+<p>\'d8<hw>Hec`to*cot"y*lus</hw> <pr>(?)</pr>, <pos>n.</pos>; <plu><it>pl.</it> <plw>Hectocotyli</plw> <pr>(#)</pr>.</plu> <ety>[NL., fr. Gr. <?/ a hundred + <?/ a hollow vessel.]</ety> <fld>(Zo\'94l.)</fld> <def>One of the arms of the male of most kinds of cephalopods, which is specially modified in various ways to effect the fertilization of the eggs. In a special sense, the greatly modified arm of Argonauta and allied genera, which, after receiving the spermatophores, becomes detached from the male, and attaches itself to the female for reproductive purposes.</def><br/
[<source>1913 Webster</source>]</p>
<p><hw>Hec"to*gram</hw> <pr>(?)</pr>, <pos>n.</pos> <ety>[F. <ets>hectogramme</ets>, fr. Gr. <?/ hundred + F. <ets>gramme</ets> a gram.]</ety> <def>A measure of weight, containing a hundred grams, or about 3.527 ounces avoirdupois.</def><br/
[<source>1913 Webster</source>]</p>
<p><hw>Hec"to*gramme</hw> <pr>(?)</pr>, <pos>n.</pos> <ety>[F.]</ety> <def>The same as <er>Hectogram</er>.</def><br/
@@ -9073,13 +9073,13 @@ With violent <qex>hefts</qex>.</q> <rj><qau>Shak.</qau></rj><br/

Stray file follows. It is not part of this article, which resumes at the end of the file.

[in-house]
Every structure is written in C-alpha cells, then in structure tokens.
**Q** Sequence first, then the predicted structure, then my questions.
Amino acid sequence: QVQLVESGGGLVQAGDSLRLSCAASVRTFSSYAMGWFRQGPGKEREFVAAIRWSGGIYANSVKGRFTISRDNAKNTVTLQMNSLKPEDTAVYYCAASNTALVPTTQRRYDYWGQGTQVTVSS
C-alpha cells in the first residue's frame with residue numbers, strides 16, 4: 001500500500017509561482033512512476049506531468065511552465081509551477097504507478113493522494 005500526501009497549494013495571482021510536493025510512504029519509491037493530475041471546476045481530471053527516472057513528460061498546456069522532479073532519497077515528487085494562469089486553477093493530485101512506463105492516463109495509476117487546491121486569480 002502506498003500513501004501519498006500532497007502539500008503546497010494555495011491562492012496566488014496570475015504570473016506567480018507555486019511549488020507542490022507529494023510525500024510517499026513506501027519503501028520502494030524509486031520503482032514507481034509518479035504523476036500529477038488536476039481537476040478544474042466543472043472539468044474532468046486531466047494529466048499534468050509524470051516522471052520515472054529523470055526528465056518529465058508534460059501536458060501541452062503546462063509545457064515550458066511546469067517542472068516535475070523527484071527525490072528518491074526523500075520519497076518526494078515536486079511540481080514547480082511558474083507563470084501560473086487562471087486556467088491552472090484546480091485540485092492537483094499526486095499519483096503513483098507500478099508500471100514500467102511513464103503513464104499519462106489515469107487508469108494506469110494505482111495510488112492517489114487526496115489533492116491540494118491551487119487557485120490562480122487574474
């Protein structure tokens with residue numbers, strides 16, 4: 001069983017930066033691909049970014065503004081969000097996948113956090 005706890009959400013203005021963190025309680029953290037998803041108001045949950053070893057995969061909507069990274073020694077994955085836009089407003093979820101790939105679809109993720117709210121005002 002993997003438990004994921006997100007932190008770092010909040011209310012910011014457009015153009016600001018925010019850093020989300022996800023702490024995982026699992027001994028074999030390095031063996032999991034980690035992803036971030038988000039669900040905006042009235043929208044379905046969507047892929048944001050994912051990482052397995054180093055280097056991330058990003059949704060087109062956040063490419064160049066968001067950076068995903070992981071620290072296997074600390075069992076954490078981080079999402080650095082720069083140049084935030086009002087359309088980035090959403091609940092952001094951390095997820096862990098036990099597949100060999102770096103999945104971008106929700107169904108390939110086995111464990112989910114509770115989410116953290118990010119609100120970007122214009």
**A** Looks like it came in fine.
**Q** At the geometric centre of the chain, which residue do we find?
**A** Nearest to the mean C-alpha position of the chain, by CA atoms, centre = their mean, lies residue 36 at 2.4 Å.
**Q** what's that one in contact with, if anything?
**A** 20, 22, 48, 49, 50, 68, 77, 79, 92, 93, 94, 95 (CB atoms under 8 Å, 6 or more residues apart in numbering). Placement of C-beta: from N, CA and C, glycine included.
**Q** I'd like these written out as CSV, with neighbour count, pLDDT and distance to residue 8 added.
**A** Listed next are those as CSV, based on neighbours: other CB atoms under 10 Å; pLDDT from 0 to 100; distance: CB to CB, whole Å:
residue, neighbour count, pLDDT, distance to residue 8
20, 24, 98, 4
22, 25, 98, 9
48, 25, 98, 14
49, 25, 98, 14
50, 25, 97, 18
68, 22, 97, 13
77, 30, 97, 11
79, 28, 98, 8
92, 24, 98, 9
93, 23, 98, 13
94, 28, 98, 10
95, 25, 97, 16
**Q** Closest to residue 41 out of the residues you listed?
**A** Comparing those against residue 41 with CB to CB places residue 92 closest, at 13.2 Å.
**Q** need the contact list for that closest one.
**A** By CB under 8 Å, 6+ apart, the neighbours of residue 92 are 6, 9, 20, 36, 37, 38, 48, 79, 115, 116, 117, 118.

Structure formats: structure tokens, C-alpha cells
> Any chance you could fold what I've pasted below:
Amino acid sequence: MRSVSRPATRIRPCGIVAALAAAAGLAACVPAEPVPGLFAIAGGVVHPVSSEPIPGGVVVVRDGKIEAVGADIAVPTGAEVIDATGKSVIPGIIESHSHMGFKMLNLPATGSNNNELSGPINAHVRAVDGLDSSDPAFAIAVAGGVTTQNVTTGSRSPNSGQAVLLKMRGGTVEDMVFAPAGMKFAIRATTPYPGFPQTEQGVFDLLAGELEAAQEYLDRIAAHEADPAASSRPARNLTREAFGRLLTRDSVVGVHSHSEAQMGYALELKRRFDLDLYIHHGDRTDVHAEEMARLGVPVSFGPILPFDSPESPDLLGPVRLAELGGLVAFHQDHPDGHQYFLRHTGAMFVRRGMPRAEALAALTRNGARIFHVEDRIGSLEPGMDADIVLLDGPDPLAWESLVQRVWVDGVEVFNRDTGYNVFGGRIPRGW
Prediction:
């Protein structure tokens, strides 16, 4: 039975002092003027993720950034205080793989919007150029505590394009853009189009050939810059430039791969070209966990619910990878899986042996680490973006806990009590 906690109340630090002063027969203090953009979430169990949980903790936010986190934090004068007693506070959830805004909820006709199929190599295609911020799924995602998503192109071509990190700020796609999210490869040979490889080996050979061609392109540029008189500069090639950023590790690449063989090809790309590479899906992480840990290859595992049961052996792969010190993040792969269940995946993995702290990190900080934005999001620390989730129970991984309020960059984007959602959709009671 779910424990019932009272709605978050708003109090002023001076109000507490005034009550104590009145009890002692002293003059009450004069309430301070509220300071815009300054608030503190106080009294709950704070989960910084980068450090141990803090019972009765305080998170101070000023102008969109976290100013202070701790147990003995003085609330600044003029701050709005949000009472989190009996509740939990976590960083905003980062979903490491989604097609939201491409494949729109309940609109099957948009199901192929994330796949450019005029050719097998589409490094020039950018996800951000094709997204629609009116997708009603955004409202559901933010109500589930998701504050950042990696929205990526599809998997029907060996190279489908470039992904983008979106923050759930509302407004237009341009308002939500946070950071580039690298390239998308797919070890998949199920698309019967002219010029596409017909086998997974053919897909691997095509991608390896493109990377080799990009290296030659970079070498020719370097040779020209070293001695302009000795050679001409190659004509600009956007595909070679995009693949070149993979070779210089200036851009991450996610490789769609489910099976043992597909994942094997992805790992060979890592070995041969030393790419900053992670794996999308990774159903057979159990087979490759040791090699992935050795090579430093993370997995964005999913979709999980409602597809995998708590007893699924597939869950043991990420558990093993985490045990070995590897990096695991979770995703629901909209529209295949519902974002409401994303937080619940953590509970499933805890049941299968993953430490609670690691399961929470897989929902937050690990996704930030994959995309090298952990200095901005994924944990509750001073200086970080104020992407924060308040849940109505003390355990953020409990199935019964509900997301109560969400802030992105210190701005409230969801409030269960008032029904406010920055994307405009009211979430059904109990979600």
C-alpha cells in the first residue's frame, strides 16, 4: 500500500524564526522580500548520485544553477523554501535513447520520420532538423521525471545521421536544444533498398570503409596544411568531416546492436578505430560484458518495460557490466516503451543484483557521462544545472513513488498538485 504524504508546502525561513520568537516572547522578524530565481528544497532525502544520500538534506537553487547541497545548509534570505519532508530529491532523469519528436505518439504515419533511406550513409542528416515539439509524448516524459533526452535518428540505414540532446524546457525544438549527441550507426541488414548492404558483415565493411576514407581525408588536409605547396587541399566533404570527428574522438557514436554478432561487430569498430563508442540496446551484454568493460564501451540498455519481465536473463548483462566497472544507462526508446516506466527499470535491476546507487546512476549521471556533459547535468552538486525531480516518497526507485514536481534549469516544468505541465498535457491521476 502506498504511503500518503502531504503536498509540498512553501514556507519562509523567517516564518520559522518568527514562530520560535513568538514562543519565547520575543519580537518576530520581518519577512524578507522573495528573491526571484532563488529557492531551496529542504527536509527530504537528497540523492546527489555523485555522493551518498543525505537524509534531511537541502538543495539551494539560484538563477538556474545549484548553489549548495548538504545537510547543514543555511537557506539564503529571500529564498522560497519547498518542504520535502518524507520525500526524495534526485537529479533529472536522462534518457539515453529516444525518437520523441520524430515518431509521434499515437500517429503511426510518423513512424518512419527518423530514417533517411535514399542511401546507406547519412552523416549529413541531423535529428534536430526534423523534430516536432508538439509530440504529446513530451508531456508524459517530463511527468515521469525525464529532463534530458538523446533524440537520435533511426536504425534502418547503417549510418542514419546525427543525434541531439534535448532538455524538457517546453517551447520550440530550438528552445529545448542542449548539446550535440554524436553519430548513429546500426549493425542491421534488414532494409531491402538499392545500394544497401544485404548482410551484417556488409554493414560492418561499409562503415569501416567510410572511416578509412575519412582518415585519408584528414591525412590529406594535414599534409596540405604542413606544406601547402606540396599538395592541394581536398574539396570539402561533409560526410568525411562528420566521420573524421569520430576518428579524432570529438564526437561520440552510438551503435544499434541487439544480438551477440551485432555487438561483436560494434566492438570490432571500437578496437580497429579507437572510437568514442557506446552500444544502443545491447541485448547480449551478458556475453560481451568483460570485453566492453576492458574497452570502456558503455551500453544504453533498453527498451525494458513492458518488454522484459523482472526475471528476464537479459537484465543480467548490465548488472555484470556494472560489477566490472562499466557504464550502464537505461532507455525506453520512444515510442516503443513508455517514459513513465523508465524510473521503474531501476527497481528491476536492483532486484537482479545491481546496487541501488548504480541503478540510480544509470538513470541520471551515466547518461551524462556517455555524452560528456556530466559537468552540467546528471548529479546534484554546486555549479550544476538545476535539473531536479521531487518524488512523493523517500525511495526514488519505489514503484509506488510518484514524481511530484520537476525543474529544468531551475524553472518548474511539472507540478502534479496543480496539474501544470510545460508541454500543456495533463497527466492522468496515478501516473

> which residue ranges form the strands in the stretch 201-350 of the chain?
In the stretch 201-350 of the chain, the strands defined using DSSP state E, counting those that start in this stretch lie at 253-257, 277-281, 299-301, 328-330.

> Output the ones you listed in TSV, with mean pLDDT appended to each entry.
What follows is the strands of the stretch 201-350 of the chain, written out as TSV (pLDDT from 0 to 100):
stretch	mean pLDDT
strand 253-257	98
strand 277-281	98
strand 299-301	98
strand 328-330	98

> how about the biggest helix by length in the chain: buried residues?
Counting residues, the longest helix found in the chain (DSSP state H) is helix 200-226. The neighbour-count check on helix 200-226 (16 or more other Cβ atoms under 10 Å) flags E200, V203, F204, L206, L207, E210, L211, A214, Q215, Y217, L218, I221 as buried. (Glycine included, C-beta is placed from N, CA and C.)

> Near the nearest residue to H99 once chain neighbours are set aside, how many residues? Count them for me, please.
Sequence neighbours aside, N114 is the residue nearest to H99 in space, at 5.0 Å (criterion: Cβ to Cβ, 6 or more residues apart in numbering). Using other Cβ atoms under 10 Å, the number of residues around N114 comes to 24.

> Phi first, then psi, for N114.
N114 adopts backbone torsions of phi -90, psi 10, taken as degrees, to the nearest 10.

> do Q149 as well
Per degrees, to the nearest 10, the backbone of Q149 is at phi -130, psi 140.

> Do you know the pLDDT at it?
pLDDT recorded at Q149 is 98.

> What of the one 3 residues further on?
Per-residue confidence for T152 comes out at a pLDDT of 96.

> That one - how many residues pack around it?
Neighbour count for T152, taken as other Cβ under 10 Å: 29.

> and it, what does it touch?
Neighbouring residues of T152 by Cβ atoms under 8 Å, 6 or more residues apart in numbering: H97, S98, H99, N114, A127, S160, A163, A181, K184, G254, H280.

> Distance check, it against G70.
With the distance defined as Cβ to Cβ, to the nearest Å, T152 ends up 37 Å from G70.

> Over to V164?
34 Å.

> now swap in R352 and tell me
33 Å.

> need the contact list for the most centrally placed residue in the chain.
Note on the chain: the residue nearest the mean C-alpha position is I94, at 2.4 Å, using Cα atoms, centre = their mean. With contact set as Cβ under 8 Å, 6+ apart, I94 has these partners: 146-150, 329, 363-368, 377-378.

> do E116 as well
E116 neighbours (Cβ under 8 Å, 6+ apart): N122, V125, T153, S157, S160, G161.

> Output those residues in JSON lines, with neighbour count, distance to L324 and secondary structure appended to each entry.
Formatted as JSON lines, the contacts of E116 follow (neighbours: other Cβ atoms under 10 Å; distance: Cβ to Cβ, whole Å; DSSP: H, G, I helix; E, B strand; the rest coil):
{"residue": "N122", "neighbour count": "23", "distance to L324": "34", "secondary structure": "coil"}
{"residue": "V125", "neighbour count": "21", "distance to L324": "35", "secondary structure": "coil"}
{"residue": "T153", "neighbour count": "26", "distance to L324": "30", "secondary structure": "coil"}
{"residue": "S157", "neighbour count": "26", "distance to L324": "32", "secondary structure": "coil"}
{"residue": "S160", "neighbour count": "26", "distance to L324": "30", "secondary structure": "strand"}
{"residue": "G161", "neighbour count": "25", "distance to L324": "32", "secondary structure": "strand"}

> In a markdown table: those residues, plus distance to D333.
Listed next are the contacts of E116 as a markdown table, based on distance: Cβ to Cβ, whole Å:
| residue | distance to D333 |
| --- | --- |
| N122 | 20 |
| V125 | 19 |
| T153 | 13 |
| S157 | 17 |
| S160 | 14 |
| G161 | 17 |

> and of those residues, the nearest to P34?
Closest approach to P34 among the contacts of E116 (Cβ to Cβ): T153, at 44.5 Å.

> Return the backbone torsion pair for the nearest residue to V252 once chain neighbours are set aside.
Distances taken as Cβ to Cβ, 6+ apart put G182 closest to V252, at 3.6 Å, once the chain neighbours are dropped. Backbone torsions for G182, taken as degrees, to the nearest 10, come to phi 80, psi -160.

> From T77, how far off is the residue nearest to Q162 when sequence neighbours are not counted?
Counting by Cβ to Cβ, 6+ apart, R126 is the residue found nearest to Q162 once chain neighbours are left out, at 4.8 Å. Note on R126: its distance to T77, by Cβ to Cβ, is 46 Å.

<p><q>A man of his age and <qex>heft</qex>.</q> <rj><qau>T. Hughes.</qau></rj><br/
[<source>1913 Webster</source>]</p>
<p><sn>3.</sn> <def>The greater part or bulk of anything; <as>as, the <ex>heft</ex> of the crop was spoiled</as>.</def> <mark>[Colloq. U. S.]</mark> <rj><au>J. Pickering.</au></rj><br/
[<source>1913 Webster</source>]</p>
-<p><hw>\'d8Heft</hw> <pr>(?)</pr>, <pos>n.</pos>; <plu><it>G. pl.</it> <plw>Hefte</plw> <pr>(#)</pr></plu>. <ety>[G.]</ety> <def>A number of sheets of paper fastened together, as for a notebook; also, a part of a serial publication.</def></p>
+<p>\'d8<hw>Heft</hw> <pr>(?)</pr>, <pos>n.</pos>; <plu><it>G. pl.</it> <plw>Hefte</plw> <pr>(#)</pr></plu>. <ety>[G.]</ety> <def>A number of sheets of paper fastened together, as for a notebook; also, a part of a serial publication.</def></p>
<p><q>The size of \'bd<qex>hefts</qex>\'b8 will depend on the material requiring attention, and the annual volume is to cost about 15 marks.</q> <rj><qau>The Nation.</qau></rj><br/
[<source>Webster 1913 Suppl.</source>]</p>
<p><hw>Heft</hw>, <pos>v. t.</pos> <vmorph>[<pos>imp. & p. p.</pos> <conjf>Hefted</conjf> (<conjf>Heft</conjf>, <mark>obs</mark>.); <pos>p. pr. & vb. n.</pos> <conjf>Hefting</conjf>.]</vmorph> <sn>1.</sn> <def>To heave up; to raise aloft.</def><br/
[<source>1913 Webster</source>]</p>
@@ -9279,13 +9279,13 @@ The honored <qex>heirlooms</qex> of his ancestors.</q> <rj><qau>Moir.</qau></rj>
<p><mhw><hw>Hek"tare`</hw>, <hw>Hek"to*gram</hw>, <hw>Hek"to*li`ter</hw>, <and/ <hw>Hek"to*me`ter</hw></mhw>, <pos>n.</pos> <def>Same as <er>Hectare</er>, <er>Hectogram</er>, <er>Hectoliter</er>, and <er>Hectometer</er>.</def><br/